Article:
Liam Duster placed both hands on the table before him. “This is an outrage, Your Honor,” he said sternly. “The defense is clearly trying to antagonize the witness.” Duster was a handsome, thirty-four-year-old who had risen quickly through the ranks of the District Attorney’s office. Now an Assistant DA, he spent his days prosecuting criminals to the full extent of the law.
“Sustained,” the judge replied, agreeing, before he scolded the defense attorney. Duster’s phone began to vibrate on his hip, but he ignored it.
“Sorry, Your Honor,” the defense attorney said. “No more questions.”
“Very well. We will break for the day and resume at nine AM tomorrow morning when the defense may call its witnesses. Court adjourned.” The judged hit his gavel on the circular wooden block on his large, ornate desk before the bailiff pronounced, “All rise,” and stood up from his leather chair and went back to his chambers.
Duster began shuffling his various files into his black, leather briefcase. His phone rang again and he answered it.
“Duster.” His face instantly dropped. “What? When?” A few moments went by before he said, “All right, I’m on my way.” He replaced the phone to its place on his belt and apologized to his team. “My dad’s been shot, I gotta go,” he said quickly before rushing out of the courtroom, dodging reporters and cameras.
~ :: ~
LAPD Detective Calvin Duster lay silently and motionlessly on the hospital bed. It had taken nearly an hour for Liam to arrive due to the heavy Los Angeles traffic in the early evening. He had rushed through the hospital, demanding to know where his father was before finally arriving at the room.
A doctor enter the room behind him. “Is he going to be okay?”
“It’s hard to tell just yet. He’s lost a lot of blood, but we were able to extract the bullet without difficulty, and he seems to be recovering well. He’ll need to stay here at least a week to recover.”
Liam snorted. He knew it would be hard keeping his former-USMC-father in the hospital bed for more than a day. Then again, Liam thought to himself, he’s over sixty years-old. Perhaps he’ll finally take life easy, now.
The doctor heard his snort and raised his eyebrows slightly. “Don’t think he’ll stay?”
“Not any longer than he actually needs to, no matter how much he should stay longer, Doc.” Liam paused for a moment, looking at the resting Duster’s face. He seemed troubled. “What happened anyway, Doc?” Liam asked finally.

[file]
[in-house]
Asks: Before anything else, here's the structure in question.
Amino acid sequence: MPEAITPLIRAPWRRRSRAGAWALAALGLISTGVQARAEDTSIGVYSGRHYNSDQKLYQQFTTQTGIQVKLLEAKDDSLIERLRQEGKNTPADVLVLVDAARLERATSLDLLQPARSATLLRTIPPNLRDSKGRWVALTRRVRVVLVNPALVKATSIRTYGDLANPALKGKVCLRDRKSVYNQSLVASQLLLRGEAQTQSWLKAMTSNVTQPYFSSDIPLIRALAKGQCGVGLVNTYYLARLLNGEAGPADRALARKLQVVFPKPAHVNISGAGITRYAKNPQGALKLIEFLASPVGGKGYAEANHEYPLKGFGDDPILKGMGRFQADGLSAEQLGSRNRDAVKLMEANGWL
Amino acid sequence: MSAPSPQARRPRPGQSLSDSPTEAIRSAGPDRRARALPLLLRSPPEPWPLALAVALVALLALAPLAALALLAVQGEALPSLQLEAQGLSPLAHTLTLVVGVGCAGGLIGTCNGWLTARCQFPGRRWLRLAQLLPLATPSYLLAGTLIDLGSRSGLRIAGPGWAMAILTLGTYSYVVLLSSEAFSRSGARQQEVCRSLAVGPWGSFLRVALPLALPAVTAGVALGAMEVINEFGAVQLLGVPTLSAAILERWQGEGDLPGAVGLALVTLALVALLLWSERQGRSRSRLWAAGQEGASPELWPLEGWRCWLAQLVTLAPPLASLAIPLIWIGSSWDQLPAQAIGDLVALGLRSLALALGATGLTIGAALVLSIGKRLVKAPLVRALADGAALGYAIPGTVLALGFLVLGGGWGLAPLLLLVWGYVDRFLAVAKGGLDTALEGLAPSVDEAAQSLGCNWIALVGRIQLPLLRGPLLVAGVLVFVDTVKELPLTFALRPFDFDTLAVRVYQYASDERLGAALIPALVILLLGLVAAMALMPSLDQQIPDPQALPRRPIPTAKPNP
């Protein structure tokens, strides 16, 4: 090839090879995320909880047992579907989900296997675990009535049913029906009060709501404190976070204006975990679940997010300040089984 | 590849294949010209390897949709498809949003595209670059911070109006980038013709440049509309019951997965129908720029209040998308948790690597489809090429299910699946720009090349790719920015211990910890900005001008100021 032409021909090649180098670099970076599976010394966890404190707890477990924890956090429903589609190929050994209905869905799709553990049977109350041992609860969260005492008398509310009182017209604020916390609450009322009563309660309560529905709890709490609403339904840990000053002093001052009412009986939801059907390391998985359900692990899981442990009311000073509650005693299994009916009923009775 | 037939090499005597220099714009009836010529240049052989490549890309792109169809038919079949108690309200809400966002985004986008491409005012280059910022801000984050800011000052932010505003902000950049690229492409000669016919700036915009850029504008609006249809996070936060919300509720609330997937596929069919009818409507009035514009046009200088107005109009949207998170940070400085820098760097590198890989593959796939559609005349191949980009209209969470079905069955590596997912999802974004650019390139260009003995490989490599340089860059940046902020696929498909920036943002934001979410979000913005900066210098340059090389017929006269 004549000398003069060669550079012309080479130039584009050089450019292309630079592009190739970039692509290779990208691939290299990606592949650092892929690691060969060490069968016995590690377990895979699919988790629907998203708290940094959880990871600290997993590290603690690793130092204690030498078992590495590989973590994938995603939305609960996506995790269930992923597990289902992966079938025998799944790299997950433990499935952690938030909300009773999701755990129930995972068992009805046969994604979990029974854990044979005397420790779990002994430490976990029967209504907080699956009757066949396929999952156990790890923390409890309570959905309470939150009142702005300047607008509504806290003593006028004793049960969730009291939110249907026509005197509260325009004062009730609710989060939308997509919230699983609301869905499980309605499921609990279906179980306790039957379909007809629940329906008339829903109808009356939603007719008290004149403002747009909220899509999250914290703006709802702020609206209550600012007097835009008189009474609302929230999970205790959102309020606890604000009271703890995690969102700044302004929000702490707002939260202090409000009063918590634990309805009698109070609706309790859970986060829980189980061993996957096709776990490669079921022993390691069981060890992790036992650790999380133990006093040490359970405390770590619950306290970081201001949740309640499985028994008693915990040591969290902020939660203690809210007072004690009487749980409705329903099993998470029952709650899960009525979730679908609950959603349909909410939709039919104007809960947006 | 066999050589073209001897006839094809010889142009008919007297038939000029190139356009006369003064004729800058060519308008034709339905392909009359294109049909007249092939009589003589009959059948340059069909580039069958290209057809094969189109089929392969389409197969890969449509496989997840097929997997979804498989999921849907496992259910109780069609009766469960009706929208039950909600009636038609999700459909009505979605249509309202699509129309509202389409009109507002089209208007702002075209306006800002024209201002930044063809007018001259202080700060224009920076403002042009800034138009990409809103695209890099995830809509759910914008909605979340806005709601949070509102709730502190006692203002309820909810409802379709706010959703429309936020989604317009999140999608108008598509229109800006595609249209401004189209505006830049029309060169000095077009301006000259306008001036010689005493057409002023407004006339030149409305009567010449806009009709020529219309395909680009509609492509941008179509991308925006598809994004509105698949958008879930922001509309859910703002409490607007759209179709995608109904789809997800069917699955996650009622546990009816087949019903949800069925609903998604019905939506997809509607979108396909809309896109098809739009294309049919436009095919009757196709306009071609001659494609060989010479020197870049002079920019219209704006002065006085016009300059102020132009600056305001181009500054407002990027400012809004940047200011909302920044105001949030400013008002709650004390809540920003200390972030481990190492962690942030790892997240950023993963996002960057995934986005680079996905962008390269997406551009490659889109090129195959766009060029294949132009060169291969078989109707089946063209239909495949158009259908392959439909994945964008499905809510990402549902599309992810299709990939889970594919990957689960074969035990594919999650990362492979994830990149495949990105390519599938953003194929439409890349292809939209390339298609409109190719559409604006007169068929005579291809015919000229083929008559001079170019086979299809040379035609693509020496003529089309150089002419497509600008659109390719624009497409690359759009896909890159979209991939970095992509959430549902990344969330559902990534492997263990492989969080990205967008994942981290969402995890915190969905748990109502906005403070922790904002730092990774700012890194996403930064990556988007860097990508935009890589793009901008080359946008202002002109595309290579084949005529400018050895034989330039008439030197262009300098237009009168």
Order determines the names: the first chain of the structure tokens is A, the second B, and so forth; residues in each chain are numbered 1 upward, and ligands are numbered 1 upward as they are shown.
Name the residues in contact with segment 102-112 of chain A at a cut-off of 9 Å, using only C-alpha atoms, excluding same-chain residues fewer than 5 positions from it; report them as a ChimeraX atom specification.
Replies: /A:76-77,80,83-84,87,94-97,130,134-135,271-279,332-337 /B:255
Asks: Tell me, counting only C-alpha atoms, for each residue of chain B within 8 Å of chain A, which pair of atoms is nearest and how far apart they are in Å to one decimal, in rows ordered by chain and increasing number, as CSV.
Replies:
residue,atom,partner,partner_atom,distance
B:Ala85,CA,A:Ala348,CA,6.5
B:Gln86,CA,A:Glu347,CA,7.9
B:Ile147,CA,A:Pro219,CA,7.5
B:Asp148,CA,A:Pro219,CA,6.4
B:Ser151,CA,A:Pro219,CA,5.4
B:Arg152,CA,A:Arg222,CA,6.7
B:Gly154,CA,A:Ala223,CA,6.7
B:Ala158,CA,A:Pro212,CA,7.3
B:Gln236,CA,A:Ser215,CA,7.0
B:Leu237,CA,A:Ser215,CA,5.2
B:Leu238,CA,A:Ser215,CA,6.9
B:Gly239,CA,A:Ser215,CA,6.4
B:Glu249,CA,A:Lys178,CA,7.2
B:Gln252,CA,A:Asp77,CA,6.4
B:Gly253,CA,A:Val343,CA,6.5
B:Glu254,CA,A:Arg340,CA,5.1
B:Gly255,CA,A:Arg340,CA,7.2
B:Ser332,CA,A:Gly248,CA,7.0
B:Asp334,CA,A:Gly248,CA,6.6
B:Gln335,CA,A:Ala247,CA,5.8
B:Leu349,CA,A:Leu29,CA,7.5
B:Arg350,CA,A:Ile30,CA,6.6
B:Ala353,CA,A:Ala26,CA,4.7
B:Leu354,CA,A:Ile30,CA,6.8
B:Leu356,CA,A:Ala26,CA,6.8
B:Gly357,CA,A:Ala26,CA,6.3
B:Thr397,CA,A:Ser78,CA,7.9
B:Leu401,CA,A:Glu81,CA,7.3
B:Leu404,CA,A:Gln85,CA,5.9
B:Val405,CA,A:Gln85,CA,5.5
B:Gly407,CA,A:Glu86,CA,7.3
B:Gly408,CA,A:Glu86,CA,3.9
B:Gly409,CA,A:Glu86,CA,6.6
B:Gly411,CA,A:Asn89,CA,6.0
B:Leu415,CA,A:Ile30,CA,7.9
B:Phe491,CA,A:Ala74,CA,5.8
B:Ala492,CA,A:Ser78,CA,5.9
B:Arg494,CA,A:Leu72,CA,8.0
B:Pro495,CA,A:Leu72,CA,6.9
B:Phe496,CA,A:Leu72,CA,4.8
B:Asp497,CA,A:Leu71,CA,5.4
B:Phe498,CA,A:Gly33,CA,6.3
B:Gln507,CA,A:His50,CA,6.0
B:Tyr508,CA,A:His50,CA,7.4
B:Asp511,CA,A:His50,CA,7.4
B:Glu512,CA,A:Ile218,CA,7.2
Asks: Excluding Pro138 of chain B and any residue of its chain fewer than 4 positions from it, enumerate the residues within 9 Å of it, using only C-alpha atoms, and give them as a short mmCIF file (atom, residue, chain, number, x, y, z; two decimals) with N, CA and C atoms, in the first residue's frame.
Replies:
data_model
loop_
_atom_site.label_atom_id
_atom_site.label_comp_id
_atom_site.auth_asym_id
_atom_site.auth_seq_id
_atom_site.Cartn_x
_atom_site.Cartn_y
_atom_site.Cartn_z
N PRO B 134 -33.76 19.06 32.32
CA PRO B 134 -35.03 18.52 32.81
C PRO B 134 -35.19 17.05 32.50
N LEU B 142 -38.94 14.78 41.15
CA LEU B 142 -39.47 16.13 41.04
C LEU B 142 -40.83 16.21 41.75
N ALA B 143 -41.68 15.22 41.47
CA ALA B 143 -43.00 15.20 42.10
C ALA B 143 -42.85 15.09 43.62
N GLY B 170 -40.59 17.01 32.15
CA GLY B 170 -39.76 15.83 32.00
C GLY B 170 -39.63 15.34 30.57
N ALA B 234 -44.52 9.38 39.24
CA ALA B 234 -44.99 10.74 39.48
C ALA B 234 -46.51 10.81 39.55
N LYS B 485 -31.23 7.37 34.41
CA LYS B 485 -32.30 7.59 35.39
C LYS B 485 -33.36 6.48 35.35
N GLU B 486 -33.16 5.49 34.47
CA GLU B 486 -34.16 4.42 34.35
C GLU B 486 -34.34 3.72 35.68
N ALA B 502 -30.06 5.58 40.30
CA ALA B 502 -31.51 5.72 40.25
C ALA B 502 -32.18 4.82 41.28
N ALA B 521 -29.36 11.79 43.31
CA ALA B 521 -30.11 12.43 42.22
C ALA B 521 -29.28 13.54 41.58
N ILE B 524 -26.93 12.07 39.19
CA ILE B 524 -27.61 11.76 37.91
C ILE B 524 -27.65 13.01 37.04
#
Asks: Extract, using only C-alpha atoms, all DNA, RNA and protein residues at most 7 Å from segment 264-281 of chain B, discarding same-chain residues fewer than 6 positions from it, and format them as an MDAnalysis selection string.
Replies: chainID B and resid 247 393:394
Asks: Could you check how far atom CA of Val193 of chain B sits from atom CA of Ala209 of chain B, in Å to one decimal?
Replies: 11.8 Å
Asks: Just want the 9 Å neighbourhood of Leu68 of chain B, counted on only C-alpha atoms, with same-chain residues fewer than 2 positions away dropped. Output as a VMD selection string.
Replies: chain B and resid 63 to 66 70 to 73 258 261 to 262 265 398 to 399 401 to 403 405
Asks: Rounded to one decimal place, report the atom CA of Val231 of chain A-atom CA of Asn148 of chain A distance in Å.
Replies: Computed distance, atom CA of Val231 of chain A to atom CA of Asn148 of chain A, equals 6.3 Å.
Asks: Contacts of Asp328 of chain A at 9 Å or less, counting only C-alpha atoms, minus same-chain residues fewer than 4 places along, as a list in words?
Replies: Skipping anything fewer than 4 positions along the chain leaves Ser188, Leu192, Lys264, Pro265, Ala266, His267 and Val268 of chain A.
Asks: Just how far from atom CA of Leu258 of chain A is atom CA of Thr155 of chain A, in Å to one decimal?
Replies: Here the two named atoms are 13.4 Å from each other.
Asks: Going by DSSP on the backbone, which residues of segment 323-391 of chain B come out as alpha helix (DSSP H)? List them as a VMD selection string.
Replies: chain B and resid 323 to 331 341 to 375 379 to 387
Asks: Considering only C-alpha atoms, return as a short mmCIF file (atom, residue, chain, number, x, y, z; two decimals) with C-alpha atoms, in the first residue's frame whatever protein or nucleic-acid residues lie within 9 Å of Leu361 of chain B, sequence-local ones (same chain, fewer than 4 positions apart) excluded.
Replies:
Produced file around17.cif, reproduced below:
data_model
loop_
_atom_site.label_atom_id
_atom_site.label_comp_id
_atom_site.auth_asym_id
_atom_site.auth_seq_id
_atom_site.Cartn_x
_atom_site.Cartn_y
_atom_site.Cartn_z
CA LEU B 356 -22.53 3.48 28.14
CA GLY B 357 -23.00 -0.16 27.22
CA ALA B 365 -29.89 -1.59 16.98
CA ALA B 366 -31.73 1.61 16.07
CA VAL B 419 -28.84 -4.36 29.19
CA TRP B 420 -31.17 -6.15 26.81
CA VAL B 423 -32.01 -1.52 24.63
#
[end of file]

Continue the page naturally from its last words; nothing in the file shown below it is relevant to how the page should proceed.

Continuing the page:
“I think his Captain will better be able to answer that,” the doctor said. “I told him to give you a few minutes, but I’ll go tell him you want to talk to him.”
“Thanks.” Liam heard the doctor walk out and close the door behind him, but he didn’t look back. He slowly stepped toward his father’s motionless body. He put his hand on his father’s and said a silent prayer.
He looked at the table next to the bed and picked up his father’s wallet. Inside he found a picture of himself when he was only six months old. He pulled it out and smiled, turning it over to see “Little Liam” written on the back in his father’s handwriting. He smiled again, remembering the childhood nickname his parents had given him.
He replaced the picture where it belonged and set the wallet back down on the table. He saw his father’s old USMC dogtags lying next to the other things that were in his pockets at the time of the shooting. There was no one in the world he respected more. Even after all these years, his father still treasured those dogtags more than any other object. Liam picked them up and thought about how his father still had the sense of brotherhood and commitment that he had learned in the Corps, transferring those ideals to his family by always remaining so committed to his wife and children, not letting even his tiring job get in the way.
Liam was pulled out of his reverie when the door opened again. He placed the dogtags back on the table and turned around.
“Captain,” he said.
“Liam, good to see you again, though I wish it was under better circumstances.” Liam nodded his understanding and shook the Captain’s hand. “I know you have a lot of questions, son, and I’ll try to answer them.”
“Let me guess, he was working a case, found a lead, and decided to chase it down without waiting for backup.” He had heard the story before.
“Your father just won’t quit. That said, he’s one of the toughest SOBs I’ve had working for me, and I doubt he’ll retire before he’s forced to in a few years.”
“Yeah, I know.” Liam looked at the floor for a moment before asking, “Did you catch him?”
“We did, and your father was dead-on with his hunch. Thankfully there was another cop nearby when Calvin called it in. By the time he got there it was too late, but he was able to stop your father’s shooter from getting away. Wasn’t too hard, though, considering Calvin shot him in the leg first anyway.”
Liam shook his head. Of course, he thought to himself.
“Your father’s a great man, son.”
“He is. But sometimes I still wish he’d just retire. It doesn’t look like a bullet will even get him into retirement before he has to, though.”
“Probably not. Anyway, I’ll leave you with him. I’ll be down the hall if you need me.”
“Thanks, Captain,” he said as he turned back toward his father and heard the door shut behind him.